Author Topic: British Army Close Air Support Aircraft  (Read 749 times)

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Offline Devilfish

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British Army Close Air Support Aircraft
« on: March 28, 2019, 12:23:20 am »
Having gained experience in places like Malaya, and having watched the US forces in Vietnam, the British Army hierarchy made the decision that their current crop of slow, unarmed Auster and Beaver AOP aircraft wouldn't "cut it" in a modern European battlefield.
They started looking at modern alternatives, with the Strikemaster variant of the JP being considered, but rejected as it only had a single engine, small payload and loiter, and bad rough field capability.
In the end, the American Cessna A-37 Dragonfly was chosen, and entered service as the Dragonfly AOPA.1 (Airborne Observation Post and Attack)

Amongst its roles, later on, it carried the Pave Spike pod, to designate for RAF aircraft, but also carried a formidable weapons load for more immediate use

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Offline Dizzyfugu

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Re: British Army Close Air Support Aircraft
« Reply #1 on: March 28, 2019, 12:41:29 am »
Nice. But why not a Strikemaster?  :unsure:

Offline zenrat

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Re: British Army Close Air Support Aircraft
« Reply #2 on: March 28, 2019, 01:36:54 am »
 :thumbsup:
Fred

Another ill conceived, lazily thought out, crudely executed and badly painted piece of half arsed what-if modelling muppetry from zenrat industries.

Offline Devilfish

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Re: British Army Close Air Support Aircraft
« Reply #3 on: March 28, 2019, 02:27:46 am »
Nice. But why not a Strikemaster?  :unsure:

Single engine, less payload, less loiter capability, poorer rough field capability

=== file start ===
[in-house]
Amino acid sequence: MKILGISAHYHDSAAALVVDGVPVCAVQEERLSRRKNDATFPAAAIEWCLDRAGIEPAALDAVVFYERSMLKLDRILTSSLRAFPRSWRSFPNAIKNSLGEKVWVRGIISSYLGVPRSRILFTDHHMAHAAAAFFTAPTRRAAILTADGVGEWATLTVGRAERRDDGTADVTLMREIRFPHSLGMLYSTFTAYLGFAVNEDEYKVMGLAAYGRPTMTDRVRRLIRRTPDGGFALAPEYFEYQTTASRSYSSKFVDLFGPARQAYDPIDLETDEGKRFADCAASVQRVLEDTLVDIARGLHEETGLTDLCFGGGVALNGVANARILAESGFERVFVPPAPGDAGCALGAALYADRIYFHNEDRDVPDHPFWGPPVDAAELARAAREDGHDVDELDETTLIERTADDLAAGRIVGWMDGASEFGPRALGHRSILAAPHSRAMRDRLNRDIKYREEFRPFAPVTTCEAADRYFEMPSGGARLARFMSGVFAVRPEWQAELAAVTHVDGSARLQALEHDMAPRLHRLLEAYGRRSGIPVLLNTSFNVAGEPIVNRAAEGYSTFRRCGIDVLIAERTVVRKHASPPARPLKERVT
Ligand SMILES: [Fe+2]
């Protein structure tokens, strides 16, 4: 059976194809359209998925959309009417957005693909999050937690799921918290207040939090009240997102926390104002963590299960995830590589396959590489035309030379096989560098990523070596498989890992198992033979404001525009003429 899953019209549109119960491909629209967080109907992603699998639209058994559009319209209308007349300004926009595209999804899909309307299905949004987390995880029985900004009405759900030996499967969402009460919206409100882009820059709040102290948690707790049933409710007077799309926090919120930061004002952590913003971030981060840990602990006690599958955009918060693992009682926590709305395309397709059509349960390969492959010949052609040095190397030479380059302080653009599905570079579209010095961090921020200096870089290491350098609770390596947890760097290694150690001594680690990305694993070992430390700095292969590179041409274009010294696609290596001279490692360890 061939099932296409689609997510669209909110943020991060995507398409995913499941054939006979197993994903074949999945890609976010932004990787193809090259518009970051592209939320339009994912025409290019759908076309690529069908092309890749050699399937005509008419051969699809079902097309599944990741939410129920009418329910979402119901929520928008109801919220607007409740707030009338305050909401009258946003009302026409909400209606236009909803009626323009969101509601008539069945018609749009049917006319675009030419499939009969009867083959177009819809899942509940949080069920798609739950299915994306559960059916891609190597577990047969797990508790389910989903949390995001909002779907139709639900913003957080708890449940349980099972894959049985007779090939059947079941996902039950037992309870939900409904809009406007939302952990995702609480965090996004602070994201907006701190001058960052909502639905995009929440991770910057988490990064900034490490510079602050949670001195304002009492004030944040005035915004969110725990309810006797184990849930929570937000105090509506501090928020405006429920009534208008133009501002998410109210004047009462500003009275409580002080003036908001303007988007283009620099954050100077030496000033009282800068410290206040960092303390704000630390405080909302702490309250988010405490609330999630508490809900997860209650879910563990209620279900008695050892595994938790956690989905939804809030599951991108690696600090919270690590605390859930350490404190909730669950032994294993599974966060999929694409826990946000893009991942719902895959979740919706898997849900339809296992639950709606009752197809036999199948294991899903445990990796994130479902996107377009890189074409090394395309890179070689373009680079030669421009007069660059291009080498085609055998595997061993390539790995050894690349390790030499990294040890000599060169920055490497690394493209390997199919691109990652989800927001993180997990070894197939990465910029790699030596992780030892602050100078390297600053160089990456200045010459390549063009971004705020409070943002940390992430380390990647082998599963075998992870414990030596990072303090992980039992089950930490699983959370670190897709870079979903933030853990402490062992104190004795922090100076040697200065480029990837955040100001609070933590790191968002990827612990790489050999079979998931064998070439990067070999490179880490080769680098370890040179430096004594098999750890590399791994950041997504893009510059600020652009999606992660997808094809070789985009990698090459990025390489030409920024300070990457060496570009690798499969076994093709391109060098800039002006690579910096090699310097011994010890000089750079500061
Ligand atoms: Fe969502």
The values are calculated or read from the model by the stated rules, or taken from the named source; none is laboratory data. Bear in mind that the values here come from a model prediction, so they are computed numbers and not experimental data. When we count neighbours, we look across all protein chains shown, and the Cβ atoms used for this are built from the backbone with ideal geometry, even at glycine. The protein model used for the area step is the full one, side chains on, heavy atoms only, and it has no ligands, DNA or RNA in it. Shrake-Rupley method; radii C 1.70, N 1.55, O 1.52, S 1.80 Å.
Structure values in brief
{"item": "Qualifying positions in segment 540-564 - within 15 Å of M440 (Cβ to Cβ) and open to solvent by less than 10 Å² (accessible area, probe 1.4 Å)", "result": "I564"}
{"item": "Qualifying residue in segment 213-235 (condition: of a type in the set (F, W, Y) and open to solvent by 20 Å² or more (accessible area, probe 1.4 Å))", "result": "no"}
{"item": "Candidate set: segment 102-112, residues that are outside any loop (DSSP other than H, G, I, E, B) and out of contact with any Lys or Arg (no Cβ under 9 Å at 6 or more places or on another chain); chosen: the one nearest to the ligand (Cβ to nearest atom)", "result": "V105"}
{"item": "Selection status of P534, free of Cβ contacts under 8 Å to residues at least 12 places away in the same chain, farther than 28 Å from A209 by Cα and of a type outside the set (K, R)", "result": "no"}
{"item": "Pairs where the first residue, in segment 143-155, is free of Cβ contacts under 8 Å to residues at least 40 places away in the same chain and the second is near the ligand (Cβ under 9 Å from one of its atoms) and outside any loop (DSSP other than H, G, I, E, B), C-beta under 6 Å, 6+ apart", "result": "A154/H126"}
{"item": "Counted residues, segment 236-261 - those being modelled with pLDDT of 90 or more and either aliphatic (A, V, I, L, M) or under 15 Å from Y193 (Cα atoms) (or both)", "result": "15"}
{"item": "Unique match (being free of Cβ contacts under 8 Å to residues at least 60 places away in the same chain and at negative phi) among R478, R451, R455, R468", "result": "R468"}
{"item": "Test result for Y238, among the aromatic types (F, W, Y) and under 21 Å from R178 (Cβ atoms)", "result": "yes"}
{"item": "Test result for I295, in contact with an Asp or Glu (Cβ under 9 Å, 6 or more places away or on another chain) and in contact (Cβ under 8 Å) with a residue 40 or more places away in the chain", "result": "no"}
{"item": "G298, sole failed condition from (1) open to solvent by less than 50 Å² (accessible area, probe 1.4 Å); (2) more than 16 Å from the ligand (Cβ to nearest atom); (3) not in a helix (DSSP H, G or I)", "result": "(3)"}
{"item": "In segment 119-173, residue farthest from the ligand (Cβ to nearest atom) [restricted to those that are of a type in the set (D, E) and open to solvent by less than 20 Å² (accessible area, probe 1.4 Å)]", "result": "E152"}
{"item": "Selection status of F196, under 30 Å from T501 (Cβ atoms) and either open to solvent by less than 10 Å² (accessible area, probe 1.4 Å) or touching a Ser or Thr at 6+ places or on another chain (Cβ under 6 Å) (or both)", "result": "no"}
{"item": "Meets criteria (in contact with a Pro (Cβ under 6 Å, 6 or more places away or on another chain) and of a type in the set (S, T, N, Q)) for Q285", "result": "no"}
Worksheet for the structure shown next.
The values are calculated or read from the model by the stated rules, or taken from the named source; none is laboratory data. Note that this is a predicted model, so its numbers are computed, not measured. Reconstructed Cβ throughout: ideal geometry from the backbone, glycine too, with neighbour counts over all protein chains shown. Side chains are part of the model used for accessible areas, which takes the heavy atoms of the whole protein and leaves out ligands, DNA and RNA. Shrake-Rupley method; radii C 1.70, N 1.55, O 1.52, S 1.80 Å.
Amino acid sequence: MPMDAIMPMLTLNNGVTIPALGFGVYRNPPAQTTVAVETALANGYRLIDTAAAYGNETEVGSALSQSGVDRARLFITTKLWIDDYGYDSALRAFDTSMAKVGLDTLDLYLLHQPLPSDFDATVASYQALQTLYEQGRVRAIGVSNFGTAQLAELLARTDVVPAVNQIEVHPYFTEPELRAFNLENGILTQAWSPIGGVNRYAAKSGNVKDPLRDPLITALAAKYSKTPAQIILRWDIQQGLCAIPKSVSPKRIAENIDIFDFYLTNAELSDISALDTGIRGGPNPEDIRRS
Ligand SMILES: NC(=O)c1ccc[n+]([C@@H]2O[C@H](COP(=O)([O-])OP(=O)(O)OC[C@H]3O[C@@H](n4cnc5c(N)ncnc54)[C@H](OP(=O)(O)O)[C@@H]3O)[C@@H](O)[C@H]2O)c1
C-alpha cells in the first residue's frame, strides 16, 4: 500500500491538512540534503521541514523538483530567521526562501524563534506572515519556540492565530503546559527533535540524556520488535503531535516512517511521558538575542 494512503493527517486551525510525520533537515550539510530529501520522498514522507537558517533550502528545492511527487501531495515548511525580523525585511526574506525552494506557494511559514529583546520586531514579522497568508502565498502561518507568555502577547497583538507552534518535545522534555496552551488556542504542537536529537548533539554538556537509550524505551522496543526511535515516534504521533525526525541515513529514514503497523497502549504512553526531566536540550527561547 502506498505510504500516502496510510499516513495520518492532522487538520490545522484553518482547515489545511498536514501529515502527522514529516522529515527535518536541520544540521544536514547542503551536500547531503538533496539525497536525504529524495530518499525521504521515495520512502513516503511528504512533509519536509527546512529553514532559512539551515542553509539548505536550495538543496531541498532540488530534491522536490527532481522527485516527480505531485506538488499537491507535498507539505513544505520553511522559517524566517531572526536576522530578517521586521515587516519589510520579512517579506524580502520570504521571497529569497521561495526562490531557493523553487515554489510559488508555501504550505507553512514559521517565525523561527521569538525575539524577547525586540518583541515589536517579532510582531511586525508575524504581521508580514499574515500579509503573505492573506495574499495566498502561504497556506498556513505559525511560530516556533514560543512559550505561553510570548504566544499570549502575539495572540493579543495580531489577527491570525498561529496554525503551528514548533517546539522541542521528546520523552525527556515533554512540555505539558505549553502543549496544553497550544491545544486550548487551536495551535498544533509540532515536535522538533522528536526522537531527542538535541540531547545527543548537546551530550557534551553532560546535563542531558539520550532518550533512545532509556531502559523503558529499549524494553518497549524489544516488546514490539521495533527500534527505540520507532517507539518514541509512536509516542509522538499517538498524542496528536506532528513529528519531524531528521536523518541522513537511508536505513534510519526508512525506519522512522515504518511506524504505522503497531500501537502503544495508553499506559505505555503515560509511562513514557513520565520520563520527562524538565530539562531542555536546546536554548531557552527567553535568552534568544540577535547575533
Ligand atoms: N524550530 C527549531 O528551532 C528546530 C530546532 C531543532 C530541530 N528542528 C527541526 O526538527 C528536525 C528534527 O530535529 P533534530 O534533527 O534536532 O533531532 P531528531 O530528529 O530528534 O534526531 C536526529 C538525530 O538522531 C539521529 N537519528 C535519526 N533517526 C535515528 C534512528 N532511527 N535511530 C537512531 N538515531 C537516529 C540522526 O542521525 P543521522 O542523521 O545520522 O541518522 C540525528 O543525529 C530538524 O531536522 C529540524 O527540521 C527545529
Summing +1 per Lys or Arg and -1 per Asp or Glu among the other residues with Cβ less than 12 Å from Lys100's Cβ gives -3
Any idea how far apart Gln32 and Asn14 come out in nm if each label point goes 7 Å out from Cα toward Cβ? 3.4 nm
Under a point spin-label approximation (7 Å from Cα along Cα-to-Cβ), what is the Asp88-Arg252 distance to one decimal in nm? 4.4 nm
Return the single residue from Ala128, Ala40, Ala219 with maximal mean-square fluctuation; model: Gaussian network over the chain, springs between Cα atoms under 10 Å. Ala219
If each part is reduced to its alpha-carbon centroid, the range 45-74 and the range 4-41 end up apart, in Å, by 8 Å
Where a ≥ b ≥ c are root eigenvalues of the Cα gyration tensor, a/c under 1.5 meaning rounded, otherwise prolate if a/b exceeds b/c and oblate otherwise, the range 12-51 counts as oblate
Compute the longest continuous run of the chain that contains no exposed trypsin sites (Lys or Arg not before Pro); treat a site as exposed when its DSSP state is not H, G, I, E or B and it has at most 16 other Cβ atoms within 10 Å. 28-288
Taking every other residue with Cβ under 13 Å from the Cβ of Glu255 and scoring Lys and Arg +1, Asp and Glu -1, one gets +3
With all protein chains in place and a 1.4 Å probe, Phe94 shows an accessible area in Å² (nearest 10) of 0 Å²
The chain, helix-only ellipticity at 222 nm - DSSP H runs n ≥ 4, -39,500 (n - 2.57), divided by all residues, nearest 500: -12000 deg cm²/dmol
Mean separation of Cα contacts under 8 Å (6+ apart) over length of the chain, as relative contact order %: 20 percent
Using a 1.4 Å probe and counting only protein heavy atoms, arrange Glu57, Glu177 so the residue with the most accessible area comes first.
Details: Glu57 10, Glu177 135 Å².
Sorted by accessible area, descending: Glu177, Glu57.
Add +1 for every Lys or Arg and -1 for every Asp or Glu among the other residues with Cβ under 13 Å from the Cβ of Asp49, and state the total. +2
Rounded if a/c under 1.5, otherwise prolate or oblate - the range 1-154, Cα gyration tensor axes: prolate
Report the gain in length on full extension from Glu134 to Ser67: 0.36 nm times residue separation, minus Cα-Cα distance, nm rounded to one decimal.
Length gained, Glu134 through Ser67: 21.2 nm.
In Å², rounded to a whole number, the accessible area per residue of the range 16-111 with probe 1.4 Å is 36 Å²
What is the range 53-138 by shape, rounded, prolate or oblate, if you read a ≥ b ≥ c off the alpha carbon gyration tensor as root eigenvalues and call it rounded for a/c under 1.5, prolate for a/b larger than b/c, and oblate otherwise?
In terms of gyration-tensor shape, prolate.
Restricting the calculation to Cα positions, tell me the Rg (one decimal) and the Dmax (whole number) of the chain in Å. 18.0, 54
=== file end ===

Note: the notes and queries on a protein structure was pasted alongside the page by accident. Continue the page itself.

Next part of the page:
Offline Weaver

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Re: British Army Close Air Support Aircraft
« Reply #4 on: March 28, 2019, 03:04:34 am »
Nicely done, and reasonably credible, since A-37Bs did end up as FACs.

I've looked several times at 'Dragonflying' the Strikemaster. You need a substantial increase in thrust (T-37 to A-37B = 100% thrust increase  :o). These are some possibilities since the Strikemaster engine bay is much wider than the Viper that lives there, but none of them are easy, which means that, in a fairly realistic scenario, none of them are likely either.

One possibility is to get the UK involved in Vietnam, so spending goes up and priorities change. The Jaguar program runs faster, the Hawk is put on the back burner, and that means dry Adour in time for an early-70s debut in the Strikemaster and Gnat. Hawk intakes are almost exactly the same shape as Strikemaster ones but a bit larger, which gives you an easy mod, after which you'd need to build up the rear fuselage to fit a wider jetpipe and blend it all in.

Anotehr option is to fit twin J-85s. Do the same intake mod as above, but then use the twin jetpipe fairing from a Revellobox G-91Y and again, blend it all in with mucho PSR.
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Offline zenrat

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Re: British Army Close Air Support Aircraft